“Christ,” I thought I heard him whisper, under his breath, and then, more audibly, “I just want to be clear that it’s nothing to do with ChemoDerma, or any of that rubbish.”

“Look here. Don’t go around insulting my client, if you think you want to see me again.” Not bad, Wilson. How did you manage that?

He smiled again, more fully. “ChemoDerma’s a lovely, lovely company. I can’t stop thinking about it. I shall tuck that charming little pitch book under my pillow tonight.”

“Much better.”

He reached one crooked finger into the space between us; it hovered for an instant, and brushed along the line of my jaw. “Have a safe flight tomorrow,” he said.

“You too.”

And then, somehow, I found the strength to turn and walk out.

4.

[via e-mail]

Julian: Kate, at LaGuardia, just boarding now. Pitch book tucked inside my coat, safe and warm. Shall read on the flight. Julian.

Me: What, no private jet? What kind of billionaire hedgehog are you? Kate.

Julian: A disgrace to the name, apparently. Geoff gave me a NetJets share for Christmas last year, but I keep forgetting to use it.

Me: How do you forget to use a private jet?

Julian: Shareholders first. Where are you now?

Me: In a taxi, stuck on the Triborough. Flight’s in an hour. I’m getting nervous.

Julian: If you miss the plane, I’ll ring up NetJets for you.

Me: Like that wouldn’t raise a few eyebrows back home. Here’s Kate coming back for Christmas in a Gulfstream. How many carbon offsets would I have to buy?

Julian: Hold on to that thought. I’m supposed to switch my phone off right now.

Me: [later] Where are you sitting?

Julian: 8C

Me: Hmm, an aisle guy.

Julian: And you?

Me: Window. 12A. All right, pulling up to the airport. Later.

Julian: Did you make your flight?

Me: Barely. Hold on, they’re calling my row.

Julian: Starting to descend now. Boston looking brown and un-Christmaslike.

Me: [later] All settled in. So are you overnighting in Boston?

Julian: No. Flying back to NY after the meeting.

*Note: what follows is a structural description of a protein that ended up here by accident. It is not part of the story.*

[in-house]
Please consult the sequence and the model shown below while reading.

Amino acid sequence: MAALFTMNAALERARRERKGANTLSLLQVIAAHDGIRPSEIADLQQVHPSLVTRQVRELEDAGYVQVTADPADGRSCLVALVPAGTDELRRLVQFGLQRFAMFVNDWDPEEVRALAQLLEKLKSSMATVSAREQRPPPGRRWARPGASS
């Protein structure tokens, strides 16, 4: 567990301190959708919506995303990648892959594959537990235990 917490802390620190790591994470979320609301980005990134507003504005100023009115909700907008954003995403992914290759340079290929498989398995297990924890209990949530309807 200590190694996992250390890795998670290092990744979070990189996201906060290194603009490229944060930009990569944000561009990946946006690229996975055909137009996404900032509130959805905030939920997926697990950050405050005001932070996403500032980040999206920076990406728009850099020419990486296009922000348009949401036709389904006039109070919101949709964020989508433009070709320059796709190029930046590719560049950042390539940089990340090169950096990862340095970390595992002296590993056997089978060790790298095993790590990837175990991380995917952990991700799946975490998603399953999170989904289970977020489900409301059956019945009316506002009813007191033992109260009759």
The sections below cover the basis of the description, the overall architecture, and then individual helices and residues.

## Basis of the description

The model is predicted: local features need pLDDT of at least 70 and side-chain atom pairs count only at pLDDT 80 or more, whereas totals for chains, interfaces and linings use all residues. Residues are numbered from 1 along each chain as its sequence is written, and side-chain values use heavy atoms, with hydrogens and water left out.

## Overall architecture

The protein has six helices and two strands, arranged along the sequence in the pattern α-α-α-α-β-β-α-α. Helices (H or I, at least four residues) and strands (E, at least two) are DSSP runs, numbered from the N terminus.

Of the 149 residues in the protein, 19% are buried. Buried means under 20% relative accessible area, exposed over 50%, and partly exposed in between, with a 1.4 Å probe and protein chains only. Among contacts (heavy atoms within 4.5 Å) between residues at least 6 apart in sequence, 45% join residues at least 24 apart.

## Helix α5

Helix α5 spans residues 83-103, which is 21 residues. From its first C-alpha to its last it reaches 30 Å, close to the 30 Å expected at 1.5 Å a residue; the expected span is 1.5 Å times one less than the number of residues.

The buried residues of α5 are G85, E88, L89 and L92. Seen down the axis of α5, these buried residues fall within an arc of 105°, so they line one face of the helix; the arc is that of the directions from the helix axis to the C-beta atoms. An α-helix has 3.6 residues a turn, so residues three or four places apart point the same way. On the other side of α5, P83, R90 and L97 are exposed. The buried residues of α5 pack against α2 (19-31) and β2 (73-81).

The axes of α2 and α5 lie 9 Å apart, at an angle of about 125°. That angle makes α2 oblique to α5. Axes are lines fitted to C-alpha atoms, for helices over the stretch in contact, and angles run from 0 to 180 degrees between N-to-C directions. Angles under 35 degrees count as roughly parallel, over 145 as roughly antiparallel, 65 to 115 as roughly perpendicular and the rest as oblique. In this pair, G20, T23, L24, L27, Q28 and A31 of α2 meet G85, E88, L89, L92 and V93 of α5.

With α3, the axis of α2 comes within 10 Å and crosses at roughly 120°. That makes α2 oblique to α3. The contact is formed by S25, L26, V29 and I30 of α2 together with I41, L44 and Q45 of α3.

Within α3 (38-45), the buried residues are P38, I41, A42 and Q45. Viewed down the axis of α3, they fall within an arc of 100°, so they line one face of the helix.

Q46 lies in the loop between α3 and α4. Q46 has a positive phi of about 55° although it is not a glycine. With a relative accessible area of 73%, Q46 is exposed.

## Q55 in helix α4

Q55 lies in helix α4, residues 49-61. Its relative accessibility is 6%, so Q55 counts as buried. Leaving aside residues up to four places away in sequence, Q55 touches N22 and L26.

Me: And doing what?

Julian: Glass of wine, good book. Pondering the mysteries of that marvelous company of yours. And you?

Me: Family stuff. Dinner, eggnog, carols. You’re spending Christmas Eve alone? Aren’t you supposed to be having dinner with Geoff?

Julian: That’s tomorrow. Don’t worry, I’m quite all right. Altogether used to it. Though you’re welcome to check in, if you like.

Me: I’ll send you so much Christmas cheer your head will spin. What’s Geoff like?

Julian: Good chap, rather boring wife, two rambunctious children.

Me: Boring how?

Julian: Conventional. Lives in Greenwich. Shops a great deal. Aspen in January, Nantucket in August. The twins have three nannies.

Me: Yikes. Oops, we’re taxiing. Evil eye from flight attendant. Later.

Julian: Rough landing. On way to taxi.

Me: So where is this meeting of yours?

Julian: Harvard.

Me: The endowment fund? How long will you be?

Julian: Don’t know. Will let you know when I’m out. Should hate to miss a moment of your Christmas cheer.

Me: Do you still have the presentation with you?

Julian: Next to my heart.

Me: Stop. You had me at hello.

Julian: So there’s hope. Just pulling up now. Thinking of you.

Me: [later] Landed safely. I’m in the car with Mom and Dad. There’s about three feet of snow. Thinking of you too.

Julian: [much later] Just left meeting. Glad you got in all right.